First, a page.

Over the past six months, CIR staff have compiled an updated dossier for the panel’s consideration, which includes additional input on European regulations that in recent years have banned various parabens and restricted others – namely methylparaben, ethylparaben, propylparaben and butylparaben – when used by cosmetic formulators independently or in mixtures.
Belsito, who heads up one of the CIR Expert Panel’s two teams, expressed reservations during the last meeting about pronouncing parabens safe at current use levels – which in the US are known to exceed EU limits – without addressing the EU’s divergent position. (Also see "CIR Panel's Parabens Review Leaning Toward Safe, But 'Insufficient Data' For Now" - Rose Sheet, 12 Mar, 2018.)
“I think our conclusion would differ significantly from the conclusion that’s been issued in the EU, and we need to capture that data, we need to look at it and we need to decide – Do we agree with them or do we disagree with them? – and either way put that into our discussion,” he said.
From Belsito’s point of view, “in the end it comes down to what we're going to do with these margin of exposures based upon the new data we have and how we're going to handle that.”
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The CIR panel’s 2008 assessment of parabens that determined them safe as used, a finding the group reaffirmed in 2012, assumed dermal absorption of 50%, a far more conservative estimate compared with the 3.7% absorption rate used by the EU’s Scientific Committee on Consumer Safety when it decided that paraben concentrations in cosmetics needed to be reined in. (Also see "CIR To Consider Re-Review Of Parabens Following Europe’s New Guidance" - Rose Sheet, 5 Mar, 2012.)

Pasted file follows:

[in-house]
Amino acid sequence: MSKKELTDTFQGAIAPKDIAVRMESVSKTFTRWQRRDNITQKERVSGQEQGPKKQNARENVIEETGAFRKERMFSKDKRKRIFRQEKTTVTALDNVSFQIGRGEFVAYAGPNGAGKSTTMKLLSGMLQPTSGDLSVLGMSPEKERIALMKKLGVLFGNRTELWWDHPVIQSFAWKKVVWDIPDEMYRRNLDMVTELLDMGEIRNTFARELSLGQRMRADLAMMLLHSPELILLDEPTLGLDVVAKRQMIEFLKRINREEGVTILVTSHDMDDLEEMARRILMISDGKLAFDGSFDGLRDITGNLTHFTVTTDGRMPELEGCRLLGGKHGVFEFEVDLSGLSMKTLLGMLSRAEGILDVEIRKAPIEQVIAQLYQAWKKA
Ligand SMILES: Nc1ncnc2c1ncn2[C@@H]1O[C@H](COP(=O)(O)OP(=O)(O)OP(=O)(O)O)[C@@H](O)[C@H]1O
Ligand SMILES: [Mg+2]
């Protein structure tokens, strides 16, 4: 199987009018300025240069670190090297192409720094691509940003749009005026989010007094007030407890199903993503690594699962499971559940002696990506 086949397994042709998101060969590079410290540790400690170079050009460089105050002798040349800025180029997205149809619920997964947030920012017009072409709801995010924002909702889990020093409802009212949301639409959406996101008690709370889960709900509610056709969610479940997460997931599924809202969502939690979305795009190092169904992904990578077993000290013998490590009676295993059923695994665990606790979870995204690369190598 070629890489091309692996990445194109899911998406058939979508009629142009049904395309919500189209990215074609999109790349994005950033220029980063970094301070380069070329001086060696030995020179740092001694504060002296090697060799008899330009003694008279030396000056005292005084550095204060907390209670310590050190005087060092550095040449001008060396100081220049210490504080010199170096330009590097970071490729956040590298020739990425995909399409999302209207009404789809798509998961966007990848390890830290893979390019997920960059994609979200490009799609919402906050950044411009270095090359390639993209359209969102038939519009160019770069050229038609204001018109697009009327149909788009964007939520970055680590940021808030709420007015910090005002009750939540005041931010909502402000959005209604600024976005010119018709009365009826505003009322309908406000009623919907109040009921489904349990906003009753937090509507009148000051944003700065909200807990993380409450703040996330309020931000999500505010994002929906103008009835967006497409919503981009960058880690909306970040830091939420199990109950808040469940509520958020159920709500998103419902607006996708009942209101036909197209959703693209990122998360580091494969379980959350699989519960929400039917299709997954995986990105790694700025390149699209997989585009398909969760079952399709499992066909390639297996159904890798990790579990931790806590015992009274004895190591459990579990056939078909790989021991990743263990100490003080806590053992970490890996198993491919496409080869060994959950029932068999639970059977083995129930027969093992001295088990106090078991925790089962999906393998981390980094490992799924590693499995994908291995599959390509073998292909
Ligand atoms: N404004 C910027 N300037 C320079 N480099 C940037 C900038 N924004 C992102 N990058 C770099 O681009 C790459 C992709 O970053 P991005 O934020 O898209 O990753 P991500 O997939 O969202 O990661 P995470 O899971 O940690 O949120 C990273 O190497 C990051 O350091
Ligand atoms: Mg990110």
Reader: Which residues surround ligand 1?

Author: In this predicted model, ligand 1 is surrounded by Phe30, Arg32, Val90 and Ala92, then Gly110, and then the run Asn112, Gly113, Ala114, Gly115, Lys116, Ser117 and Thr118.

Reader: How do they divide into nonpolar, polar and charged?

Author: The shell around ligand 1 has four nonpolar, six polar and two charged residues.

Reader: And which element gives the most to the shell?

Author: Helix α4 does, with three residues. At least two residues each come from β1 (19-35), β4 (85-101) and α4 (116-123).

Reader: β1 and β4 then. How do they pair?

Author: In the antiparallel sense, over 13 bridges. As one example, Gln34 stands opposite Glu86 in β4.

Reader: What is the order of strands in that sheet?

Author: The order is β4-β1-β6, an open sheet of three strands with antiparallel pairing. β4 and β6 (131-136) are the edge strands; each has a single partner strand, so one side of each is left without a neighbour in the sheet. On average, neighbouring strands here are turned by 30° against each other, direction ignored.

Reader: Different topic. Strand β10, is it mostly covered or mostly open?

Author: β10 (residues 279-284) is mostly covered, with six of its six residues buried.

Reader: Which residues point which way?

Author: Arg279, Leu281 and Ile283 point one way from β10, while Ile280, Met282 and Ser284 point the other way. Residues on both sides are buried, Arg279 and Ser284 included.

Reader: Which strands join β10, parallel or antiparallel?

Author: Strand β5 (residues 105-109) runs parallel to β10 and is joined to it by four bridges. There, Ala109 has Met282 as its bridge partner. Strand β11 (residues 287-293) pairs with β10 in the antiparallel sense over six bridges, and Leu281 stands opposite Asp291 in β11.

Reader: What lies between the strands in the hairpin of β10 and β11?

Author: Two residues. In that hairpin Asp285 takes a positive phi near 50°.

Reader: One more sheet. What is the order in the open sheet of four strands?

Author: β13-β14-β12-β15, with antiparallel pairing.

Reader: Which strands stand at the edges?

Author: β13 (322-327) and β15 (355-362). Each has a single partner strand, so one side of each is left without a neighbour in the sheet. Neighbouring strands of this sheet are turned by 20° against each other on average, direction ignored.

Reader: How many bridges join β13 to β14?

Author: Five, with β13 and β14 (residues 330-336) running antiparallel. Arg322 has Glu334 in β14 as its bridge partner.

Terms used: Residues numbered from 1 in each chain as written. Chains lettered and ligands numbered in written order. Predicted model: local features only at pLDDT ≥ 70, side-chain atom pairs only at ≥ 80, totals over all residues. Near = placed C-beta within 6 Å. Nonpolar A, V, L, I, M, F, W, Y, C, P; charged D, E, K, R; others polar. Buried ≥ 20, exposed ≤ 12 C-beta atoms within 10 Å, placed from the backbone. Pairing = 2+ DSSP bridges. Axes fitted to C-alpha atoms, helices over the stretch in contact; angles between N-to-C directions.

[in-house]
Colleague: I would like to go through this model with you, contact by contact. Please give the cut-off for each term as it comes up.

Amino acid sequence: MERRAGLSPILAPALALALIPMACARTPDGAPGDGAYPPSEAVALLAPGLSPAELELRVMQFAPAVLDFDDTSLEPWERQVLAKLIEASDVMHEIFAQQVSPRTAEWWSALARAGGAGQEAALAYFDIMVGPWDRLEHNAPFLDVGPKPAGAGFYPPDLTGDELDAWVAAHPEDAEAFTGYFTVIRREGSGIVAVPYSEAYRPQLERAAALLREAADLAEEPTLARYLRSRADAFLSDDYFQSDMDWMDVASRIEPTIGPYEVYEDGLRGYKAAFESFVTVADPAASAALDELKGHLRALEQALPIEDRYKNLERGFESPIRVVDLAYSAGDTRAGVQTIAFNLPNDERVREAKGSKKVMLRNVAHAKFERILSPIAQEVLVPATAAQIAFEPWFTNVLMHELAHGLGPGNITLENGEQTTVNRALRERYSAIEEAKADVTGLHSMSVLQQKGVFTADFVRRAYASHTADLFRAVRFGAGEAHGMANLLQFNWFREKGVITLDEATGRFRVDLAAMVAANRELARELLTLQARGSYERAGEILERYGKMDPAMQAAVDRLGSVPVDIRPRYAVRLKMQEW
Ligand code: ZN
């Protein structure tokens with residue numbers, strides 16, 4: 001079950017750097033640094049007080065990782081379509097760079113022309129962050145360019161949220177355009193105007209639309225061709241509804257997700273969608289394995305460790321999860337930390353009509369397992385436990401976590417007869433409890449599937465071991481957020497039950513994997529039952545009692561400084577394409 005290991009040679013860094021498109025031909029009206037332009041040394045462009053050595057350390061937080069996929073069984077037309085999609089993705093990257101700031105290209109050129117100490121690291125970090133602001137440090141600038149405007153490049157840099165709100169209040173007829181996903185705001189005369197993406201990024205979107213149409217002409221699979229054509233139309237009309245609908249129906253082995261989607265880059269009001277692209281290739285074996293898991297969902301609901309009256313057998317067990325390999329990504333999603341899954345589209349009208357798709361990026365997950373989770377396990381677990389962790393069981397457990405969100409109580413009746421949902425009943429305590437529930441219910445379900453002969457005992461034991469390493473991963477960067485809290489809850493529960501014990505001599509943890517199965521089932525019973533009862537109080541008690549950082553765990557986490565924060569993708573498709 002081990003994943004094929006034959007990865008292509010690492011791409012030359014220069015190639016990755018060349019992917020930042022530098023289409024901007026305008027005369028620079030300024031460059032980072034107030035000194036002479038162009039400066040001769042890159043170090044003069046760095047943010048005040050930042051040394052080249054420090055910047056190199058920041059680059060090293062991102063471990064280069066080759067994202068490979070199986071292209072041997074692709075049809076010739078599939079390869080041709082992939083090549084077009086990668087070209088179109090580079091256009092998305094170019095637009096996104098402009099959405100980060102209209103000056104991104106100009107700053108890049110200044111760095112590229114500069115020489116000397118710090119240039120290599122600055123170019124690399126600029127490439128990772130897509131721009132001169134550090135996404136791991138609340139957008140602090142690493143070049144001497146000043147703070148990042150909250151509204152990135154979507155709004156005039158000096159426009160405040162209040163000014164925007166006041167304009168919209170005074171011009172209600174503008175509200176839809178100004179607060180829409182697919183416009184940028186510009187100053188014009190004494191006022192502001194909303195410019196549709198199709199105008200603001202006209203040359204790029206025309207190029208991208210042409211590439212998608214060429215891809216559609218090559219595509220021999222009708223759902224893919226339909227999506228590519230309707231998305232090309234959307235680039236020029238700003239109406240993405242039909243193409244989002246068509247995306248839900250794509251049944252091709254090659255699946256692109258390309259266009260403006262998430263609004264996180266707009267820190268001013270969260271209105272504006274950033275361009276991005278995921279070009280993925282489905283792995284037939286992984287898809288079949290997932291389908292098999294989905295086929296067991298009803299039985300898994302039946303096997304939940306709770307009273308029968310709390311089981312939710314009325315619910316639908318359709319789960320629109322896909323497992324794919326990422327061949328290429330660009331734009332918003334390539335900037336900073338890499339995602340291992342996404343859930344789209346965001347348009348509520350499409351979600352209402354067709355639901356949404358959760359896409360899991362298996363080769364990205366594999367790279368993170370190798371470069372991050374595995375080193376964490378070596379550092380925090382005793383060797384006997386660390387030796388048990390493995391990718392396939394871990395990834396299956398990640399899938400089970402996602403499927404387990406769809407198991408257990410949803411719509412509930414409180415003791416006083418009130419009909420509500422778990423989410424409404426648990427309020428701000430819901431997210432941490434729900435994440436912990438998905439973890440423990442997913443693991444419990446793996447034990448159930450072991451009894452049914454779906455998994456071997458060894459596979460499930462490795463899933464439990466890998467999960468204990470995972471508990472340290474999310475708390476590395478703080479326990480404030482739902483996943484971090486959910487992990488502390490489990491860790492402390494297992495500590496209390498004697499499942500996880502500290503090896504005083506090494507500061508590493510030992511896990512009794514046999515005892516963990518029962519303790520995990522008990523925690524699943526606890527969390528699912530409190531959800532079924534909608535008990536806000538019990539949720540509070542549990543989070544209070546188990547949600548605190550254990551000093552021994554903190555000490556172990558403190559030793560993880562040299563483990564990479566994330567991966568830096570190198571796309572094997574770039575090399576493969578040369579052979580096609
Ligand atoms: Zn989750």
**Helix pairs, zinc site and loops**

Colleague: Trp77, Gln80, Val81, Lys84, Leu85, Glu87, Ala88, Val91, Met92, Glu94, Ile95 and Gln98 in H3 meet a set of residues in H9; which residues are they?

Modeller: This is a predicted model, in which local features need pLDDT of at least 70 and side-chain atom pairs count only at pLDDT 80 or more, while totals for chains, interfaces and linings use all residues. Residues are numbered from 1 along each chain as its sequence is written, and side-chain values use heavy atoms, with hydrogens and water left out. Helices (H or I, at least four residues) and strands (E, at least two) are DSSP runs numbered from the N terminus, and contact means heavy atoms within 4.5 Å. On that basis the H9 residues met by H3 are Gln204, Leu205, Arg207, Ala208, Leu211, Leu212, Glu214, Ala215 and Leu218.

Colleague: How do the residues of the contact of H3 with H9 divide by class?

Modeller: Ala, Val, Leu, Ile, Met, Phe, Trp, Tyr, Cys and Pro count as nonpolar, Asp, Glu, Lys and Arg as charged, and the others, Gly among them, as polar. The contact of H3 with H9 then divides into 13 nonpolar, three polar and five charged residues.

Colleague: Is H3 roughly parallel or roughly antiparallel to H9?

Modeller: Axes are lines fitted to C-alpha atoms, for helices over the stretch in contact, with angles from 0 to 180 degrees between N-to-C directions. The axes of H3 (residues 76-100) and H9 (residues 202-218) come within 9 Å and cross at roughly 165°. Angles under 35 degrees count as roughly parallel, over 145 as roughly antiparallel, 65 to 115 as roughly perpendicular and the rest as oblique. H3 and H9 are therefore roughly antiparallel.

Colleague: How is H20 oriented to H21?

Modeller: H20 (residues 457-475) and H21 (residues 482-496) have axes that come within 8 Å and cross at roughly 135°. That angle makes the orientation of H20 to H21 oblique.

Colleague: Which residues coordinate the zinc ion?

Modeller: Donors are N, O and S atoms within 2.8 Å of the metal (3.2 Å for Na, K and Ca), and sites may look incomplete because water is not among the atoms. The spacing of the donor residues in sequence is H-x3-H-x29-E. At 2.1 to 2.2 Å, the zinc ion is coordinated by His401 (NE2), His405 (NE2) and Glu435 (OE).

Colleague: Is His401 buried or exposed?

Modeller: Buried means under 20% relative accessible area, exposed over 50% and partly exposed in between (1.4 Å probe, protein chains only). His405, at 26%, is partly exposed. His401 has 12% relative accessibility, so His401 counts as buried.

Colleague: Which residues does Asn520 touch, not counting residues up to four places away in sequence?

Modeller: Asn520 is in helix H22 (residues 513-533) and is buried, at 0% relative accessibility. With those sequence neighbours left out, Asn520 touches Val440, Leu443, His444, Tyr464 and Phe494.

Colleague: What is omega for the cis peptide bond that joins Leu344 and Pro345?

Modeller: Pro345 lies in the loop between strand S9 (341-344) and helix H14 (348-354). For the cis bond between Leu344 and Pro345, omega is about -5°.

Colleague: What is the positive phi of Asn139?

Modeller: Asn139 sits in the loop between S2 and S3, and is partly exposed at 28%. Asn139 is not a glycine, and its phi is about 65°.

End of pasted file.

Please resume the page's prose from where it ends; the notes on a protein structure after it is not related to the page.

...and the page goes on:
The key difference was that the European committee based its stance on a much lower no-observed-effect level (NOEL) – 2 milligrams per kilogram of body weight per day – versus the no-observed-adverse-effect level (NOAEL) of 1,000 mg/kg bw/day that factored in the CIR panel’s margin of safety (MOS) calculations and ultimately its 2008 safe-as-used conclusion.